American Management Systems Inc. has agreed to use encryption technology from RSA Data Security Inc. to protect services it offers to banks and other financial clients.

American Management, a Fairfax, Va., systems integrator, will incorporate RSA's "public key" encryption into systems for multimillion- dollar letters of credit and cash transfers.

Officials at American Management said they are using RSA's patented encryption technique because it ensures the integrity of sizable transactions without infringing on the functionality of American Management's cash management software.

"Banks are looking to offer new classes of services on a more spontaneous basis," said Scott T. Schnell, vice president of marketing for RSA, which is based in Mountain View, Calif.

Kurt E. Cavano, vice president and manager of American Management's $20 million corporate banking division, added that the company is driving toward "giving the corporation the data that it needs in the way that it wants it."

RSA has licensed its technology to about 250 companies, but only 10% of these are directly involved in banking and finance.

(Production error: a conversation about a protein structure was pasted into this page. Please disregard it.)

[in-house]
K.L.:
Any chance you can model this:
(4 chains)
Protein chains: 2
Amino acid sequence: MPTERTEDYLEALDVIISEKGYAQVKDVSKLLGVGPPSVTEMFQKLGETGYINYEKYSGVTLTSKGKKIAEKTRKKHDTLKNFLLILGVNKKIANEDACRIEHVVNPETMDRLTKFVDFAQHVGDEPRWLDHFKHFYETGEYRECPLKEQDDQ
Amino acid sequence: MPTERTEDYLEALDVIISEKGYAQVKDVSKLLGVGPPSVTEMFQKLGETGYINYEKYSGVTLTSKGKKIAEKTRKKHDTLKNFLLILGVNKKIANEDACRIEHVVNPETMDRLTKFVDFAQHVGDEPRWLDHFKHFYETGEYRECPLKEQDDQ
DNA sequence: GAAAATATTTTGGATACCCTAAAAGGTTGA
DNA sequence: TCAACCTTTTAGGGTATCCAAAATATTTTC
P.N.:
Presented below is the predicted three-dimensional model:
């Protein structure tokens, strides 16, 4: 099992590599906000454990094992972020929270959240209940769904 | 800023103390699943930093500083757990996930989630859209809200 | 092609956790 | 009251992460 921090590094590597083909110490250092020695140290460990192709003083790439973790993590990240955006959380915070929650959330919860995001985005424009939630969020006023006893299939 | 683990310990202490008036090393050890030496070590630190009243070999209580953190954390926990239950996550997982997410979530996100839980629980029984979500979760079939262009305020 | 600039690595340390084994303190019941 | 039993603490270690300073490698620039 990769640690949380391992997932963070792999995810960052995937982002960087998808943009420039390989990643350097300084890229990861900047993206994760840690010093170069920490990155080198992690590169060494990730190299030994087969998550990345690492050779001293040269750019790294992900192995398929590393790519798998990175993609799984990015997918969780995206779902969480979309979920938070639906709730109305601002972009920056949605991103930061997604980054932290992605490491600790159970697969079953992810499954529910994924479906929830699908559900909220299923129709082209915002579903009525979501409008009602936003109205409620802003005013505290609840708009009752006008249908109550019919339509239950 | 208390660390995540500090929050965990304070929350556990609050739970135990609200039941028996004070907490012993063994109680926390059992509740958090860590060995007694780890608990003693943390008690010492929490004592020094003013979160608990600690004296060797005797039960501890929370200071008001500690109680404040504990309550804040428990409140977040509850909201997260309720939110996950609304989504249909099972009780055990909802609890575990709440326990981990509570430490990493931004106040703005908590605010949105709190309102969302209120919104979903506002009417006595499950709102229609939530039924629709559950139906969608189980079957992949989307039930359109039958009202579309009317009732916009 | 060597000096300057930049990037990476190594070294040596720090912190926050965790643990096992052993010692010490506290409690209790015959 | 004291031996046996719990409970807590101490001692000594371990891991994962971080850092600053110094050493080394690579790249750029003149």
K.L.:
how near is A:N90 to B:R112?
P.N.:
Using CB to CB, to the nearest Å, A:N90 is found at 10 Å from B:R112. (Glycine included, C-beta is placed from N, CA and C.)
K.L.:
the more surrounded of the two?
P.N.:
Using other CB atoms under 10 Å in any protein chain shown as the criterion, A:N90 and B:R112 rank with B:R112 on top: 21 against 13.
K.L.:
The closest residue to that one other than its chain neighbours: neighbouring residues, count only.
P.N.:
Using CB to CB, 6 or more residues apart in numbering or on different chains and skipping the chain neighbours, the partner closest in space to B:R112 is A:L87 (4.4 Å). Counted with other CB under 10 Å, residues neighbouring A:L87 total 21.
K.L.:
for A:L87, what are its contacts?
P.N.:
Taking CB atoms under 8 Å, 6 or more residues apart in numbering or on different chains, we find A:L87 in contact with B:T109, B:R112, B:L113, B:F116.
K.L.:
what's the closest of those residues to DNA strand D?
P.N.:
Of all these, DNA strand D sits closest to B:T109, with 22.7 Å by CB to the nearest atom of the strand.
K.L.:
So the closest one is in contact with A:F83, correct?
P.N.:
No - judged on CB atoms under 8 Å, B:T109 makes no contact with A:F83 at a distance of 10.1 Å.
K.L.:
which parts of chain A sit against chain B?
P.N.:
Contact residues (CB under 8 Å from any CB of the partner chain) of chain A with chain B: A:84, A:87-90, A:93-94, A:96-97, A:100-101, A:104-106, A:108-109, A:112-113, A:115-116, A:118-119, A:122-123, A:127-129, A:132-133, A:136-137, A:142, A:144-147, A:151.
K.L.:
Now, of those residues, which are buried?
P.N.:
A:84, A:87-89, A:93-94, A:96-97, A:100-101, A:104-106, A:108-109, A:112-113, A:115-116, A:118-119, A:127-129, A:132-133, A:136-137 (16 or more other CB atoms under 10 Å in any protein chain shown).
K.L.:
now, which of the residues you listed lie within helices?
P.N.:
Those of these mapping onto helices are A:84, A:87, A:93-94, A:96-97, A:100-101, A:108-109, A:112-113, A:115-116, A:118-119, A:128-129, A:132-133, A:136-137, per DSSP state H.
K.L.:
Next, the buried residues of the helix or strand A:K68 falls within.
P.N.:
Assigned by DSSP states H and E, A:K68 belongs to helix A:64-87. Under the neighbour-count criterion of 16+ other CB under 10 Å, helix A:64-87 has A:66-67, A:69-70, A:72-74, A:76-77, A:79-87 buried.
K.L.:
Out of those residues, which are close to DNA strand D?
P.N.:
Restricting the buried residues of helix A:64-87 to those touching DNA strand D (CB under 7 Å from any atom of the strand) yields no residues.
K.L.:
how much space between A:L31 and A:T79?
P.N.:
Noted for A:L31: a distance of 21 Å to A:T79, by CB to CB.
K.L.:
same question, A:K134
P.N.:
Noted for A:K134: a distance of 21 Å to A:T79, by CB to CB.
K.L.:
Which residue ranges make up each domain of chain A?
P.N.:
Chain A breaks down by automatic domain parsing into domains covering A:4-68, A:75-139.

RSA's method of encryption has been available for more than a decade, but banking clients have long preferred the older Data Encryption Standard for institution-to-institution transfers.

Under DES, both the encrypter and the decoder use the same digital "key" - a randomly generated combination of zeros and ones. The longer the code, the better the security and the harder it is to compromise a transaction.

RSA's encryption standard, on the other hand, relies upon separate keys to encrypt and decode.

A bank expecting to receive a transfer makes its "public" key available to all senders. It shares its "private" decoding key with no one.

Because the key that locks the code can't unlock it, the institution receiving the funds knows that it will receive a secure transaction.

"To the best of my knowledge, this is the most secure product on the market," said Bruce R. Valentine, first vice president of Comerica Inc.

The Detroit-based bank began using American Management's TradeAccess for letters of credit last August. The firm's PayAccess and CashAccess modules are currently being tested and will be formally launched in August.

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